The State Constitution of Massachusetts reaffirms the same right of citizens to keep and bear arms that are offered by the US Constitution.
The Massachusetts Constitution does differ from the US one by being more explicit in its negative stance against standing armies. The implication is clearly that an armed citizenry is an effective substitute for military power. This is set out in article 17 of part 1 of the state constitution.
The state statutes which govern knives in Massachusetts are mostly set out in Part IV, Title 1. The rules and regulations which are especially relevant fall under Chapter 269 (Crimes Against The Public Peace).
Massachusetts has no laws or rules specifically banning the ownership of any knives either specifically or generally.
Sale And Transfer:
There are a few classes of a knife which are not allowed to be sold, made, or offered in the state of Massachusetts. These includes ballistic knives, switchblades with a blade length over one and a half inches, and “dirk” knives.
Some of the terms referenced above are clarified by the text of the particular statute.
A ballistic knife is defined as any knife that features a detachable blade that has any kind of mechanism to propel it.
Knives with locking blades which can be drawn from the sheath in a fully locked position fall under this prohibition, as do all knives which use an automatic spring release to free the blade from the handle.
The punishments dictated for selling, transporting, or offering such knives for sale include fines in the range of $50 to $1,000 and prison sentences of six months or less.
Carry And Concealment
Massachusetts’s regulations regarding prohibited carry exclude issues related to concealment. The relevant statutes are far from simple, though, and they include many significant provisions that explicitly relate to knives.
The full range of knives specified as contributing to an offense include the “dirk” knives, switchblades, ballistic knives, and detachable-blade knives discussed above. Also included are “stilettos” and “daggers.”
The basic thrust of the carry rule indicates that a person who has any of the above-defined knives on their person or in their vehicle when they’re arrested on a warrant or during the commission of a crime is guilty of a prohibited offense. (The same statutes apply to billy clubs and “other dangerous weapons” as well.)
The minimum punishment defined for carrying or wielding these prohibited knives while committing another crime (including the always-nebulous “breach or disturbance of the peace”) is set at imprisonment for at least two and a half years.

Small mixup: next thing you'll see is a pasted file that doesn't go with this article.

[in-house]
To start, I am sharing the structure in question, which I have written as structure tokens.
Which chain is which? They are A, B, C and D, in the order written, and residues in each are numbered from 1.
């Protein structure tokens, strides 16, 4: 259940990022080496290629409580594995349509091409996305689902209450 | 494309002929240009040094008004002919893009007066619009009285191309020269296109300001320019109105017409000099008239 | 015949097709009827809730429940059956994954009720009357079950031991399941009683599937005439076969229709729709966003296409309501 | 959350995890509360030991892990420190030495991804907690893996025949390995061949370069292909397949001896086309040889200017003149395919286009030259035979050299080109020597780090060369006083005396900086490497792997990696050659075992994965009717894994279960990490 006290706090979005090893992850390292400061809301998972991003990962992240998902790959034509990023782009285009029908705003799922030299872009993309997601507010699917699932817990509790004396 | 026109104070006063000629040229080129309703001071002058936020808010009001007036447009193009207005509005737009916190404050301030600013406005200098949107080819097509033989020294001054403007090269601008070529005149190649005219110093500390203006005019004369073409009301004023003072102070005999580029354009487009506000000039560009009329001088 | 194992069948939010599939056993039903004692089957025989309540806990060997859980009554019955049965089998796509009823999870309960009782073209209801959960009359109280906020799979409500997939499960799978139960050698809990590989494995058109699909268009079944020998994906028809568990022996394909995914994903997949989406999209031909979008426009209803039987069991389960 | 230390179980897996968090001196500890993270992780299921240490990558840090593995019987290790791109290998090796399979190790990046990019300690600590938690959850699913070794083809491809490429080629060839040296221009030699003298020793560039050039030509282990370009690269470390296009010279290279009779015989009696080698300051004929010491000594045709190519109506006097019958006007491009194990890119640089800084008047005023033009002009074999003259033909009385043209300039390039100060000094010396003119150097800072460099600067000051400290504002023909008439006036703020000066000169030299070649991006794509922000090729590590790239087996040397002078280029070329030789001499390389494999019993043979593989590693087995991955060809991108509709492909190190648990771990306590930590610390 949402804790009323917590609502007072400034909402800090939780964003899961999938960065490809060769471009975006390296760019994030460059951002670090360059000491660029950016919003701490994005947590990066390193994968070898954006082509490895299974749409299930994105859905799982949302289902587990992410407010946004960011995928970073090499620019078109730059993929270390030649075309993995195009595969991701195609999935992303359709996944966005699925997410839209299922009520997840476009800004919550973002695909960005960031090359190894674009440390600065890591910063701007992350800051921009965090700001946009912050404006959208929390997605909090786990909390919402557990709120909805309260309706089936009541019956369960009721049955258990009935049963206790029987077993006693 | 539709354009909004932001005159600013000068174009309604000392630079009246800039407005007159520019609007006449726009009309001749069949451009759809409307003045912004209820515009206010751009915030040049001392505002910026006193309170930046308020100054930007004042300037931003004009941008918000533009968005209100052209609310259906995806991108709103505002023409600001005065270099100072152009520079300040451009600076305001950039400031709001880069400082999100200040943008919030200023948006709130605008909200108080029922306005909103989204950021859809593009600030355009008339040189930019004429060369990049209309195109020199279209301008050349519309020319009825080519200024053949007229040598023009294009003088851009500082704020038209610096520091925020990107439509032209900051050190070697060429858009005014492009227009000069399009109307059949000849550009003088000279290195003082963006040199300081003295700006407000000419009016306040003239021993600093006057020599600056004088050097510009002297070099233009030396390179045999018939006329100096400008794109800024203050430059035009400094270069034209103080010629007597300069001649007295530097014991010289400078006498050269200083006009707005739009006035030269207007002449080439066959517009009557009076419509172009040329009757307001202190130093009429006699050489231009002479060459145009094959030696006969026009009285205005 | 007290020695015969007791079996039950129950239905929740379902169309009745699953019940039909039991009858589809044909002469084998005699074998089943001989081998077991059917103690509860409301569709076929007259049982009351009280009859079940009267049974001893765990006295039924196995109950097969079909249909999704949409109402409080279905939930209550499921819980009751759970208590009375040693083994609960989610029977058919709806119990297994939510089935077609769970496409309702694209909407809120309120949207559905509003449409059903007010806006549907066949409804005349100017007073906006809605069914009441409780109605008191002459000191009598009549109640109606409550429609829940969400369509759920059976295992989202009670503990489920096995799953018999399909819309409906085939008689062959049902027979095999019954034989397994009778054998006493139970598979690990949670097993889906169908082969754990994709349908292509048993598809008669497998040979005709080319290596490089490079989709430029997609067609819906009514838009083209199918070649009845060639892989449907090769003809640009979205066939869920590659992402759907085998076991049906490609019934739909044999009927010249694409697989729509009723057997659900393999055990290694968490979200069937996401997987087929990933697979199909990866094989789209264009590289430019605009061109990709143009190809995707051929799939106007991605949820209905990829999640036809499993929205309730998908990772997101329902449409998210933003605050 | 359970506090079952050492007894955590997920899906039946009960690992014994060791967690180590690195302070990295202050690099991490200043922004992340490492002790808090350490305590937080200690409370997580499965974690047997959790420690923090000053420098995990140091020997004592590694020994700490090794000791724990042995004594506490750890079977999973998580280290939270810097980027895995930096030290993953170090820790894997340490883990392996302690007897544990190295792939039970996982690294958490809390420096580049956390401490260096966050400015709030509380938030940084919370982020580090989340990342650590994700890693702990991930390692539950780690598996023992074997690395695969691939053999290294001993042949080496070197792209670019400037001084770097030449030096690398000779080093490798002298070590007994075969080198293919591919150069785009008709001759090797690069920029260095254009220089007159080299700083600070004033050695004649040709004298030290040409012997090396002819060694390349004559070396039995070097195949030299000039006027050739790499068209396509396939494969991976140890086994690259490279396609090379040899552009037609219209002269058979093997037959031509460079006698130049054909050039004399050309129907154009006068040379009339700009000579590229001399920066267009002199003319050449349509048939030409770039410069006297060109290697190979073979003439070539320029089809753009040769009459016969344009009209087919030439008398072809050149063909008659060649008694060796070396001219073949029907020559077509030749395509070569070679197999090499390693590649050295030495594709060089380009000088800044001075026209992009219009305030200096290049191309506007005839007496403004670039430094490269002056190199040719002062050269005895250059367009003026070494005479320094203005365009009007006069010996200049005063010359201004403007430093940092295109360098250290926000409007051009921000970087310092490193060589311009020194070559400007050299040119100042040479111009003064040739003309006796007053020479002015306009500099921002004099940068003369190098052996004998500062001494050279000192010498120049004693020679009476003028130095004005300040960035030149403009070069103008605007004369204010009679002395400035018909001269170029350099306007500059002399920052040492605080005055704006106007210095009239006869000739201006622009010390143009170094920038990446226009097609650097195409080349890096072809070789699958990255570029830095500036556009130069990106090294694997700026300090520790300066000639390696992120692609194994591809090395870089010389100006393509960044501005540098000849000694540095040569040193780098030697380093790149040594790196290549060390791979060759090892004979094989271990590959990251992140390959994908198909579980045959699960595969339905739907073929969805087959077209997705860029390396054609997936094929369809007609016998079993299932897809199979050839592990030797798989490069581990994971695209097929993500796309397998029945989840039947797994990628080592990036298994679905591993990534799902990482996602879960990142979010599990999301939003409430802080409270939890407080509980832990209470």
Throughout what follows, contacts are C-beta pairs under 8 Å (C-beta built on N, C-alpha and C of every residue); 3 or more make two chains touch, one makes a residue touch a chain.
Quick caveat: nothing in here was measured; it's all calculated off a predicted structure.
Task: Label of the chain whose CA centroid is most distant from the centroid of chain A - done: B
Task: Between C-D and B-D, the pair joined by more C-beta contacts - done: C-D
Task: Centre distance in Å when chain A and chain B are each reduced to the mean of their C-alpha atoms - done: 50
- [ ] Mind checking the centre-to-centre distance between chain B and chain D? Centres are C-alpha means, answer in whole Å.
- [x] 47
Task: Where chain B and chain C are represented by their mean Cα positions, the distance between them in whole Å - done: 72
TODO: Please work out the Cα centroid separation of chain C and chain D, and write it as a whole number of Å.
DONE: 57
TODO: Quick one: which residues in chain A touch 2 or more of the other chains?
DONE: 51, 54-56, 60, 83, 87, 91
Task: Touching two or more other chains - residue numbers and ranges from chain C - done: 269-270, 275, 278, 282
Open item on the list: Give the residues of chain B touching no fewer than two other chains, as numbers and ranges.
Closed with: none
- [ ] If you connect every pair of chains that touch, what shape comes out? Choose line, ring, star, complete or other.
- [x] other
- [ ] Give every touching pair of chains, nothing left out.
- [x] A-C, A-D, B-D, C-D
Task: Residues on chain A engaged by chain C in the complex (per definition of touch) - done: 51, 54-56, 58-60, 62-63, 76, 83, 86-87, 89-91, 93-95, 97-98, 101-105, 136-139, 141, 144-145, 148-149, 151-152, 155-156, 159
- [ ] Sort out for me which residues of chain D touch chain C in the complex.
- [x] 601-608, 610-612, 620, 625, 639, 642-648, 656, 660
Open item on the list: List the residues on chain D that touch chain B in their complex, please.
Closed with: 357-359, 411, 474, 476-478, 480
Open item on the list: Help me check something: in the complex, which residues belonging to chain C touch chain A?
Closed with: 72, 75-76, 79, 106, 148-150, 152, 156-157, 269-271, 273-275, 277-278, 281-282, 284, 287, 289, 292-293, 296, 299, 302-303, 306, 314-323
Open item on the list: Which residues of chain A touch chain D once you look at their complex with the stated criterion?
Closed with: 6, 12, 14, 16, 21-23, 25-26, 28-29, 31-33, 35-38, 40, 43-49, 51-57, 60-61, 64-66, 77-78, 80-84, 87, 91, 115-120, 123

Punishments for simple possession of prohibited knives unrelated to any other offense are slightly more lenient. They entail confinement of no more than five years but no less than six months. Subsection b of section ten of chapter 269 provides a much clearer list of prohibited knives:
c) sheath, case, or device which allows the user to draw a locking blade knife with the blade already locked
d) ballistic knife or any knife with a detachable, propelled blade
e) dirk knife
f) knife with a double-edged blade
g) switchblade or other automatically-opening knife provided the blade length exceeds one and a half inches
Massachusetts’s statutes provide no further definition of these knives than the details already listed above. In certain cases, courts in Massachusetts have applied the knife-prohibiting statutes with some creativity. For example, a convicted prison inmate who was found with a makeshift knife (i.e. a “shank”) on his person was successfully convicted of violating chapter 269, section 10, subsection b when placed on trial. The convict’s attorney raised a new issue during the appeals process when he noted that the knife in question did not have a double-edged blade or any of the other specific features mentioned in the statutes.
Raising new claims on appeal is highly unusual, and appellate courts typically do not deign to consider them. The convict in question had his conviction upheld based on other evidence, but the appellate court still took the time to verify and record the fact that the improvised weapon in question was partially sharpened on two sides and therefore qualified as an illegal knife. The relevant case was Commonwealth v. Albert Smith, 667 N.E.2d 1160 (1996).
There is a strong argument to be made that the opinion on the knife in question in Albert Smith’s case was parenthetical to the matter under consideration, or obiter dictum. The section of the opinion which deals with the double-edged nature of the knife was likely not even put before the court in a valid way. It is instructive to consider the details of this case, though, because they illustrate the general attitude towards knives prevalent in Massachusetts courts.